Pruitt: Goal is to roll EPA back from 'weaponized' past

Pruitt: Goal is to roll EPA back from 'weaponized' past
© Greg Nash

While environmentalists lash out at the Trump administration over blocked Obama-era regulations, Environmental Protection Agency (EPA) Administrator Scott PruittEdward (Scott) Scott PruittCourt sets in motion EPA ban on pesticide linked to developmental issues Scientific integrity, or more hot air? OVERNIGHT ENERGY: Biden proposes billions for electric vehicles, building retrofitting| EPA chief to replace Trump appointees on science advisory panels | Kerry to travel to UAE, India to discuss climate change MORE says they should first look at Congress.

On the New York Time's podcast the "The Daily" on Friday, Pruitt said his main motive in taking the job at the agency was to fix it by stripping actions taken by previous administrations — actions he believes only Congress has the authority to take. If that means Congress is left filling in the blanks, he suggested that's not his concern.

"We are housed in the Executive Branch, and your job is to enforce the law — the only authority I have is from Congress — largely what has happened with the past administration, they made it up," said Pruitt. "The fact that Congress is dysfunctional and is not updating the Clean Air Act or the Clean Water Act or all of these statutes that we administer, the fact that Congress isn’t doing that doesn’t mean EPA can say, 'We're going to do it in your place.' "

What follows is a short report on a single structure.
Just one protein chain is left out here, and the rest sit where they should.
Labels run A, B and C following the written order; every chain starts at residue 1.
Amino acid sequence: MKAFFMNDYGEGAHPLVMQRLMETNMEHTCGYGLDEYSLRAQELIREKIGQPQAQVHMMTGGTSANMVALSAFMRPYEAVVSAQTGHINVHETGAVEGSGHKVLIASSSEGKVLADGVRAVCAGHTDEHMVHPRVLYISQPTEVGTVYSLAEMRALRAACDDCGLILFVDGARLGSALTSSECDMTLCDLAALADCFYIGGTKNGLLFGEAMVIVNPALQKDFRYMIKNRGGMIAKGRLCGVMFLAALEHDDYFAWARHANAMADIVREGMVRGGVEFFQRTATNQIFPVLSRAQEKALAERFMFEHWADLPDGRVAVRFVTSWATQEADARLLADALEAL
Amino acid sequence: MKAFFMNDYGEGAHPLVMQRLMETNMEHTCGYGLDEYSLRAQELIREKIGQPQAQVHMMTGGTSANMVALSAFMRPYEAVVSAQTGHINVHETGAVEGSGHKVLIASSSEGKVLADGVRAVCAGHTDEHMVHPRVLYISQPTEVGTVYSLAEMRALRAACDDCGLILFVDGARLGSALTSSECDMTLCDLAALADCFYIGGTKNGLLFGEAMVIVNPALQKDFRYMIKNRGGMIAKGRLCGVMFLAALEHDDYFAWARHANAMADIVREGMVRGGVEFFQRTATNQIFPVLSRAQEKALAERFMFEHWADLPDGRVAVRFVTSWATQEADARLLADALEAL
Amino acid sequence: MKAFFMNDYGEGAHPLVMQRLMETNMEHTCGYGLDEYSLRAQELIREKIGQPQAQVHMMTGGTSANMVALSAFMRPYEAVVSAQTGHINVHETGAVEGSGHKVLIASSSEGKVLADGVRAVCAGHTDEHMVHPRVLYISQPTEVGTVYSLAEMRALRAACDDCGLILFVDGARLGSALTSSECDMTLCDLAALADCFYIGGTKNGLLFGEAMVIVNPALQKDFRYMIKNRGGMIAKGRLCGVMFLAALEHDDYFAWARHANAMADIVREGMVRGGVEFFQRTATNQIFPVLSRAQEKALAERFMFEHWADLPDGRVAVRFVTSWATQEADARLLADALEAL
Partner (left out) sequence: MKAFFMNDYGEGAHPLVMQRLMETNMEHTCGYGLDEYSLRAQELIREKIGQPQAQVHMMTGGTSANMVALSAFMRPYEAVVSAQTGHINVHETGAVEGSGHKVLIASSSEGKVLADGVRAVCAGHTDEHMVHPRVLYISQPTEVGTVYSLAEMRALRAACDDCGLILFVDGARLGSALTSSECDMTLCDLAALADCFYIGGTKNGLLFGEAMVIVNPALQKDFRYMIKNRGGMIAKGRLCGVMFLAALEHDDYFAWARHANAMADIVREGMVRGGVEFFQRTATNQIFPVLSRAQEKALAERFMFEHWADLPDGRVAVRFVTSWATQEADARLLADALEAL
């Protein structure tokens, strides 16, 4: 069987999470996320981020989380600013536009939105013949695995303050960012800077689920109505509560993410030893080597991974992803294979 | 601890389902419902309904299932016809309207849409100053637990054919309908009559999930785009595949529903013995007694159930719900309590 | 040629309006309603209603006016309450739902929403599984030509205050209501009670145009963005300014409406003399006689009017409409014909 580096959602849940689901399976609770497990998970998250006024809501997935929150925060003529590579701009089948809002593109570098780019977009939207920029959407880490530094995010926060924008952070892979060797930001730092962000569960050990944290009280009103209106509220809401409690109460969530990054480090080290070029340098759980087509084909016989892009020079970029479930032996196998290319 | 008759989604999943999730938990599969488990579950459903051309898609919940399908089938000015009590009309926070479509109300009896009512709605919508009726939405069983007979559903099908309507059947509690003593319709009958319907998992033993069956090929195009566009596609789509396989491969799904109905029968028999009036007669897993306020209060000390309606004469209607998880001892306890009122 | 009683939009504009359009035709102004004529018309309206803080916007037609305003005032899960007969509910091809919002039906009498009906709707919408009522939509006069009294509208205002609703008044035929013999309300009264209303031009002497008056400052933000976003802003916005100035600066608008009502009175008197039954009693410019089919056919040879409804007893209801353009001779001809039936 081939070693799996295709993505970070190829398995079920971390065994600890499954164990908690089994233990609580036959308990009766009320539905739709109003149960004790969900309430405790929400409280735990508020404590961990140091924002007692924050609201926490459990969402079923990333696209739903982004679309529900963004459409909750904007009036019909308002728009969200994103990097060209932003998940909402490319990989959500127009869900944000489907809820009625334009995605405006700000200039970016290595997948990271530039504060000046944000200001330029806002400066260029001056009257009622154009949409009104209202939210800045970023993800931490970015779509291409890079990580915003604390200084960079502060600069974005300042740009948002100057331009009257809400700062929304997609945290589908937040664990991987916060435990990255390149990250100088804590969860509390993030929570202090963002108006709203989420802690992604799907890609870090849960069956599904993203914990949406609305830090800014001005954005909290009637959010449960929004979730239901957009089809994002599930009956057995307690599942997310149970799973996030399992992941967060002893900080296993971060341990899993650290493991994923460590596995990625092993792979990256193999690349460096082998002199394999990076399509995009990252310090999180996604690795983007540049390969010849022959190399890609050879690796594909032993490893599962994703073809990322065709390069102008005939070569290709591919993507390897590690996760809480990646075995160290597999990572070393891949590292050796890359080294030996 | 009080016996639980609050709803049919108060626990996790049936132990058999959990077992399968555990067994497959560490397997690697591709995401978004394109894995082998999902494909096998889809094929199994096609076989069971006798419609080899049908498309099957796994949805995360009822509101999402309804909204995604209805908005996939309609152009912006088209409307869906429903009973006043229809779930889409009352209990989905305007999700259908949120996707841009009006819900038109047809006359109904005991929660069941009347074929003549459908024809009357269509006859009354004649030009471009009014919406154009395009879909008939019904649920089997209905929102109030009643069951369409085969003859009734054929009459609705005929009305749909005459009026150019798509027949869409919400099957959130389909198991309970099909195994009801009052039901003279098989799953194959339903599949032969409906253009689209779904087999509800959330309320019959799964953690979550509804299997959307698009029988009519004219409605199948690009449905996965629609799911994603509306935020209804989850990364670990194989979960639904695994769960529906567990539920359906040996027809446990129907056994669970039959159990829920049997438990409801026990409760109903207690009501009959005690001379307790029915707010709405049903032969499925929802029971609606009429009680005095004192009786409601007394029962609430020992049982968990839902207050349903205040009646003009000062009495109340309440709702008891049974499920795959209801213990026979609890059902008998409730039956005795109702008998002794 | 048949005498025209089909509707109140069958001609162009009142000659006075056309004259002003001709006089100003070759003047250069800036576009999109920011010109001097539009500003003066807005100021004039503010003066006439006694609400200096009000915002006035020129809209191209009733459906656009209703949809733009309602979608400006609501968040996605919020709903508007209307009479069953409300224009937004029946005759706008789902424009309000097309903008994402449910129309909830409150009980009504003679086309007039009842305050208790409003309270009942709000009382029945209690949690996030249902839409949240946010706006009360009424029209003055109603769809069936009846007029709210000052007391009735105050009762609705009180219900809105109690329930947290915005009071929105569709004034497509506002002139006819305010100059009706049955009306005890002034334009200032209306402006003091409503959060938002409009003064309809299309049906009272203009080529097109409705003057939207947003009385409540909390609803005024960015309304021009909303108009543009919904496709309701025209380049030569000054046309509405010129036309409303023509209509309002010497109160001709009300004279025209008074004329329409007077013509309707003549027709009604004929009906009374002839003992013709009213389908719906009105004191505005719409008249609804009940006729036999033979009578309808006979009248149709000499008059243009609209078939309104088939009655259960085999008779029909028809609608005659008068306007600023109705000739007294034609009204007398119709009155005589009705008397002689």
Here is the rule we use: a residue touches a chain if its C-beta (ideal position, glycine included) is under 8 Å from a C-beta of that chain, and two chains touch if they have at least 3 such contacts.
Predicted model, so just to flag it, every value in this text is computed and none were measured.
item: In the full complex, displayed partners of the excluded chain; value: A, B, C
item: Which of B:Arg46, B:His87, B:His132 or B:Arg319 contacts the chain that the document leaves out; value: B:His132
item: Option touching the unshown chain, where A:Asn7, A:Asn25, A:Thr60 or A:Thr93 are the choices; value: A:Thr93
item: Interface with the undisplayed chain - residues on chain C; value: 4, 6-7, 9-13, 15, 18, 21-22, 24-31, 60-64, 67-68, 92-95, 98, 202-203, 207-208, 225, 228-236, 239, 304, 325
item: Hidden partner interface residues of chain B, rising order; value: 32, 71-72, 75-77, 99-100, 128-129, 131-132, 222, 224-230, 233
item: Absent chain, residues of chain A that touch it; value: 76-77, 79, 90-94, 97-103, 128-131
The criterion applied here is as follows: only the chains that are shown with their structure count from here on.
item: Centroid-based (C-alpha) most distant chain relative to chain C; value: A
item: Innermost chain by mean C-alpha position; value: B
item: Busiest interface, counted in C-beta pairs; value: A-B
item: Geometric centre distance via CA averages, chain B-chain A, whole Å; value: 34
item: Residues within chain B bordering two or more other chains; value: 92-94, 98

Pruitt said the old EPA frequently picked sides and his goal in heading the agency, which he's lead for almost a year, is to instead strip it back to its basic function of law enforcement, which he calls "EPA originalism."

"The agency took a perspective for a number of years that's prohibition. Though we’ve been blessed with natural resources that help us literally feed the world and power the world, that we should not develop those natural resources that we should put fences up and we should prohibit that," Pruitt said. "And so in some respects ... the rulemaking that was being deployed by the agency was weaponized in the sense that it was picking winners and losers."

That weaponization, he said, was the authority the EPA took to determine what types of energy should be supported, such as coal versus solar.

"Weaponized in the sense of saying we are going to favor certain outcomes in the market with respect to energy and the environment — that’s not the role of a regulator," he said.

With regards to climate change, Pruitt reinforced his thoughts that the climate is changing, but chastised scientists who have predicted global temperatures in the future.

"There are things we know and things we don’t know. I think it’s pretty arrogant for people in 2018 to say, 'We know what the ideal surface temperature should be in the year 2100,'" said Pruitt.

"I think the debate about the impact of Co2 is important for us to wrestle with as a country. There are some who believe it causes an existential threat and it’s tomorrow. There are some who thought it was more important than ISIS. I can tell you that if that issue is more important than ISIS, I want to know about it."